Tuesday, November 16, 2004

Bizarro World

This is the most purely weird analysis of the evangelical impact on the election yet. (Hat tip to Michael Spencer at the BHT.)

Just listen to leftist Barbara Ehrenreich's take in the fever-liberal magazine The Nation:
Where secular-type liberals and centrists go wrong is in categorizing religion as a form of "irrationality," akin to spirituality, sports mania and emotion generally. They fail to see that the current "Christianization" of red-state America bears no resemblance to the Great Revival of the early nineteenth century, an ecstatic movement that filled the fields of Virginia with the rolling, shrieking and jerking bodies of the revived. In contrast, today's right-leaning Christian churches represent a coldly Calvinist tradition in which even speaking in tongues, if it occurs at all, has been increasingly routinized and restricted to the pastor. What these churches have to offer, in addition to intangibles like eternal salvation, is concrete, material assistance. They have become an alternative welfare state, whose support rests not only on "faith" but also on the loyalty of the grateful recipients.

What makes the typical evangelicals' social welfare efforts sinister is their implicit--and sometimes not so implicit--linkage to a program for the destruction of public and secular services. This year the connecting code words were "abortion" and "gay marriage": To vote for the candidate who opposed these supposed moral atrocities, as the Christian Coalition and so many churches strongly advised, was to vote against public housing subsidies, childcare and expanded public forms of health insurance. While Hamas operates in a nonexistent welfare state, the Christian right advances by attacking the existing one.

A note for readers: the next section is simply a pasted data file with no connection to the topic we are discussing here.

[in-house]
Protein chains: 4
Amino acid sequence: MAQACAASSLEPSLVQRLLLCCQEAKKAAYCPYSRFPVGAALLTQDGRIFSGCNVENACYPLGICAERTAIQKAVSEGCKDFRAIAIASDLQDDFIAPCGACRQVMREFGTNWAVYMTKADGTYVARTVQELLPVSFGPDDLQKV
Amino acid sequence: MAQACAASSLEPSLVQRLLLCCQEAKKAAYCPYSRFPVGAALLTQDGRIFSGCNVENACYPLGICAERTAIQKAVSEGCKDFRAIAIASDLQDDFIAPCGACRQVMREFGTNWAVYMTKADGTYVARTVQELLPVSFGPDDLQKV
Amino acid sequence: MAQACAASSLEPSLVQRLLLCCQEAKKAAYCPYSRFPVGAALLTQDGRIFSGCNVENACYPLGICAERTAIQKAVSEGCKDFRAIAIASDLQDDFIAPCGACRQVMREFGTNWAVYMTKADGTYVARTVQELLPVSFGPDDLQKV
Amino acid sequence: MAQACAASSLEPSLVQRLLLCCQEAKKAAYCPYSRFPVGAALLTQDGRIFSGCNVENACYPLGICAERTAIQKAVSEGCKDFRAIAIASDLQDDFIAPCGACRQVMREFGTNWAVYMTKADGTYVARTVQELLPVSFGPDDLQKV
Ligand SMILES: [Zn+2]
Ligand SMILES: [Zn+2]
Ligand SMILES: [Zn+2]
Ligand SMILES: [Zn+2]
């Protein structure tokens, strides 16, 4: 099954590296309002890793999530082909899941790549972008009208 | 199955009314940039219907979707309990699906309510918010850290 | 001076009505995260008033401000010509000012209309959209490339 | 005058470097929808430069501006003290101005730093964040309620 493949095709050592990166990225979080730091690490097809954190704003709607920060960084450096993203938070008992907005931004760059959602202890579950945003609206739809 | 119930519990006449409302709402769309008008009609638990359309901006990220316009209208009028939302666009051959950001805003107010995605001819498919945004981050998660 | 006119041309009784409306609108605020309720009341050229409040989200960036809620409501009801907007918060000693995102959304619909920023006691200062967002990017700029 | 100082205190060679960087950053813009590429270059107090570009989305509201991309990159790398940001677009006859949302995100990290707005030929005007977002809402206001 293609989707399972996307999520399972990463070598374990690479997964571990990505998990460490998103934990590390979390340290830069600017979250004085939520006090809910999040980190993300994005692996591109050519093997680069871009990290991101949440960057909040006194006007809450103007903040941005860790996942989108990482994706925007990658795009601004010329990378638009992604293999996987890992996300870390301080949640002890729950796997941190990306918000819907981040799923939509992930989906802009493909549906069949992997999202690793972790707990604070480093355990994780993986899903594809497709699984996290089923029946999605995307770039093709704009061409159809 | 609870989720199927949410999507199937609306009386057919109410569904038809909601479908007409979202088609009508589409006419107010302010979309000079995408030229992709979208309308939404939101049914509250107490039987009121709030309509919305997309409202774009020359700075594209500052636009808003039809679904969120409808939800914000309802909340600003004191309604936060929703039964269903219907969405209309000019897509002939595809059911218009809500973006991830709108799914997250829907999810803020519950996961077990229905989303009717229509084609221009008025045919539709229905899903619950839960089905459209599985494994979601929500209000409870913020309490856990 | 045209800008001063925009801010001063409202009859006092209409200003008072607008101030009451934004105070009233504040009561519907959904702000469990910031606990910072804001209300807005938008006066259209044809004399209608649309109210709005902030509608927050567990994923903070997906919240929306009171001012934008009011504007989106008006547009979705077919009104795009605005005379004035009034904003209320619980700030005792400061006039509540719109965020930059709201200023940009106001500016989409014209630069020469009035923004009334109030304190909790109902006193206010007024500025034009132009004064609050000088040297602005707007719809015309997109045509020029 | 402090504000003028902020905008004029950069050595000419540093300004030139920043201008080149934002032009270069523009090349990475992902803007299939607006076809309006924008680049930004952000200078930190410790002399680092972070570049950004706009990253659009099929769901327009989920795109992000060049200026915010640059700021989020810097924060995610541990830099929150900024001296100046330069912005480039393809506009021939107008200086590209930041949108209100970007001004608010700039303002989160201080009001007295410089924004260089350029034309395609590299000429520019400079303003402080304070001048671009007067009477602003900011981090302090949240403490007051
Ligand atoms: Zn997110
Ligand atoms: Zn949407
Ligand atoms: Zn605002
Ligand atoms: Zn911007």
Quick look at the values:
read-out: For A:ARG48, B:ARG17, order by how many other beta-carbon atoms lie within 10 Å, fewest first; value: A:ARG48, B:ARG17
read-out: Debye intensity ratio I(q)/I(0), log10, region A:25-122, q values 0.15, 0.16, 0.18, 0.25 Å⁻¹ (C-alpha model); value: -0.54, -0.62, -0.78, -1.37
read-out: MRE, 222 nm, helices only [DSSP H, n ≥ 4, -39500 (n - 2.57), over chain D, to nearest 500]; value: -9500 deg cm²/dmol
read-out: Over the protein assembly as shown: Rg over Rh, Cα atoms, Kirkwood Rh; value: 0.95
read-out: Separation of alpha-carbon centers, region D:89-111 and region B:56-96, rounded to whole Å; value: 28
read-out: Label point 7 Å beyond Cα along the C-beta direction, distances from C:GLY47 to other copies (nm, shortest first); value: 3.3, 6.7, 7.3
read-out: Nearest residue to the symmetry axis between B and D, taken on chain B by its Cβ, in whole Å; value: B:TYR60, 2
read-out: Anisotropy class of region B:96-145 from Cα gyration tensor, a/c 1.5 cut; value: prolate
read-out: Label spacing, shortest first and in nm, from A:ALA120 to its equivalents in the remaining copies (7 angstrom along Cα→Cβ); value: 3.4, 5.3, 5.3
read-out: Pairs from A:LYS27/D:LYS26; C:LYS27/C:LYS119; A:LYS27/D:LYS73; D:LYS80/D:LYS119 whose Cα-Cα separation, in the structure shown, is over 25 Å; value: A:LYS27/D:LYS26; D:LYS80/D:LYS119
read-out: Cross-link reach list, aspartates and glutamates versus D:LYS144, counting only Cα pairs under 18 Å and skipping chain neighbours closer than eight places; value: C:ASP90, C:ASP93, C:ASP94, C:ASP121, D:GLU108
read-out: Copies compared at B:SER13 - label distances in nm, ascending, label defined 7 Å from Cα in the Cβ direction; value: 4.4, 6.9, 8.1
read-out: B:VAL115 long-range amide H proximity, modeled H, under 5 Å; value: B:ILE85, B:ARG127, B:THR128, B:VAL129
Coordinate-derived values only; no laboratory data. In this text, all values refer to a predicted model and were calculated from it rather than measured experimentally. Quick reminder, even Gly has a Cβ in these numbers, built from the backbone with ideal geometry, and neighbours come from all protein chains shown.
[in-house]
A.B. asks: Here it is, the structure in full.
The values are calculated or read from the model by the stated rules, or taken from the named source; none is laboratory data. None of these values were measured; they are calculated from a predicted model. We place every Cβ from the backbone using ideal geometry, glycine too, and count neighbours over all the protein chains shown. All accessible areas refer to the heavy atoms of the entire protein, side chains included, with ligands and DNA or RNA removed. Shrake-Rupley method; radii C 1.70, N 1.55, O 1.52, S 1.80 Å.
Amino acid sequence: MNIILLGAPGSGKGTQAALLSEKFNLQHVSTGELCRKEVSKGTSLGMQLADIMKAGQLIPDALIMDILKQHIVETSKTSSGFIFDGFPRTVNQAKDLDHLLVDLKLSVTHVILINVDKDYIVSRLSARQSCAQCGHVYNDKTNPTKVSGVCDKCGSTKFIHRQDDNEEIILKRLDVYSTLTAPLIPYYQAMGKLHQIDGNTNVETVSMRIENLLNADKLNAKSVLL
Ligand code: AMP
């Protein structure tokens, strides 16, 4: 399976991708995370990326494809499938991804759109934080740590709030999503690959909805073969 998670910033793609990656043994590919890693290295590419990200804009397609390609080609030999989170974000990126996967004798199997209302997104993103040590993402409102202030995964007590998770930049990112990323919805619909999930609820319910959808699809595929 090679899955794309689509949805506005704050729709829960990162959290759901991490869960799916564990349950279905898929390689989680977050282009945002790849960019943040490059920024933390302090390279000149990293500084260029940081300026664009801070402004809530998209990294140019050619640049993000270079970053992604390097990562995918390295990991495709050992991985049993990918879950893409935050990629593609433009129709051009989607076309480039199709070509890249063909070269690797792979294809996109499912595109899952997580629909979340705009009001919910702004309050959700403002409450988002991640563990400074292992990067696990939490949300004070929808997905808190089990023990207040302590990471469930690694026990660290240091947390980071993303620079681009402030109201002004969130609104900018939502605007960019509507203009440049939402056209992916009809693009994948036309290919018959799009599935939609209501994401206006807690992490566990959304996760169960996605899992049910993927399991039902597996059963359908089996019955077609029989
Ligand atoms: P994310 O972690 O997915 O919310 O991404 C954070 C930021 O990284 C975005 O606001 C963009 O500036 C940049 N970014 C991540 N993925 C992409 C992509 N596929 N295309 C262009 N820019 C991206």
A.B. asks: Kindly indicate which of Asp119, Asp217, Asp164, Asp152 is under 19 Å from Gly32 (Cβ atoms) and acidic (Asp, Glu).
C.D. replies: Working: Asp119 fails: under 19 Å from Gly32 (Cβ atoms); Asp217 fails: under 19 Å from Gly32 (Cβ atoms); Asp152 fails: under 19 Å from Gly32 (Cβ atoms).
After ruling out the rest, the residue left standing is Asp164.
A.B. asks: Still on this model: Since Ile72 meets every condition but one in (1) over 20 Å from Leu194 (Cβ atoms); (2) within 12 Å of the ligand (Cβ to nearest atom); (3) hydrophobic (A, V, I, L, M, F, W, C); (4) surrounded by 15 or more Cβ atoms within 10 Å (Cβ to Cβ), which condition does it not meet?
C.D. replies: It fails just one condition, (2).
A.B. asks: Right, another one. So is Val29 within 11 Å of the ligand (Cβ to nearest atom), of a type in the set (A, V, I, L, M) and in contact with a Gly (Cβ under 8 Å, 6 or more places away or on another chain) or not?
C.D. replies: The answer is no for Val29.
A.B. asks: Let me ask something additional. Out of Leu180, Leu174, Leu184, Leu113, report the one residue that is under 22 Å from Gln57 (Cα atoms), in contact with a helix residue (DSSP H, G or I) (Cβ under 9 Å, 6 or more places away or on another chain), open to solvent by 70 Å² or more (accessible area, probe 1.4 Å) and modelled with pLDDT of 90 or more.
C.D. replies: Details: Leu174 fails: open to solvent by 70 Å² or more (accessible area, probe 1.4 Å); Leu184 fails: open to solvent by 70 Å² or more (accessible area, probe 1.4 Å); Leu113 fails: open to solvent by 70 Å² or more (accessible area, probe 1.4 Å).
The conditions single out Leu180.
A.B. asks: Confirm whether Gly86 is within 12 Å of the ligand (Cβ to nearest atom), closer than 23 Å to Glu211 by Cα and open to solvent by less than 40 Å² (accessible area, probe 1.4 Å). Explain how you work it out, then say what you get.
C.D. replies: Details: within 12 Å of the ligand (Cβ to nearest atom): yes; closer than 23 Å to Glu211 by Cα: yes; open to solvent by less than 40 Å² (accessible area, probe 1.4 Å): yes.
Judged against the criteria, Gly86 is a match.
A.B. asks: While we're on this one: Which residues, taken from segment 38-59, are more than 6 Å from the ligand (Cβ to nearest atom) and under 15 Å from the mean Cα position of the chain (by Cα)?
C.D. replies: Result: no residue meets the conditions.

Of course, Bush's faith-based social welfare strategy only accelerates the downward spiral toward theocracy. Not only do the right-leaning evangelical churches offer their own, shamelessly proselytizing social services; not only do they attack candidates who favor expanded public services--but they stand to gain public money by doing so. It is this dangerous positive feedback loop, and not any new spiritual or moral dimension of American life, that the Democrats have failed to comprehend: The evangelical church-based welfare system is being fed by the deliberate destruction of the secular welfare state.
In case you missed it, Ehrenreich (who evidently lives in some whacked-out parallel universe) is actually upset that the church is usurping the rightful role of the welfare state. It's not their crazy theology that's the danger, it's their sinister programs for clothing the poor and feeding the hungry!

I've heard it said before that leftists believe the state is God, but I've never seen the notion quite so clearly expressed by one of its advocates.

"I, the Federal Government, am the lord your God. You shall have no other gods before me."

Every orthodoxy has its defenders, and Barbara Ehrenreich is not about to let a bunch of red state Goobers commit heresy against the fundamentalist orthodoxy of Secular Humanism.

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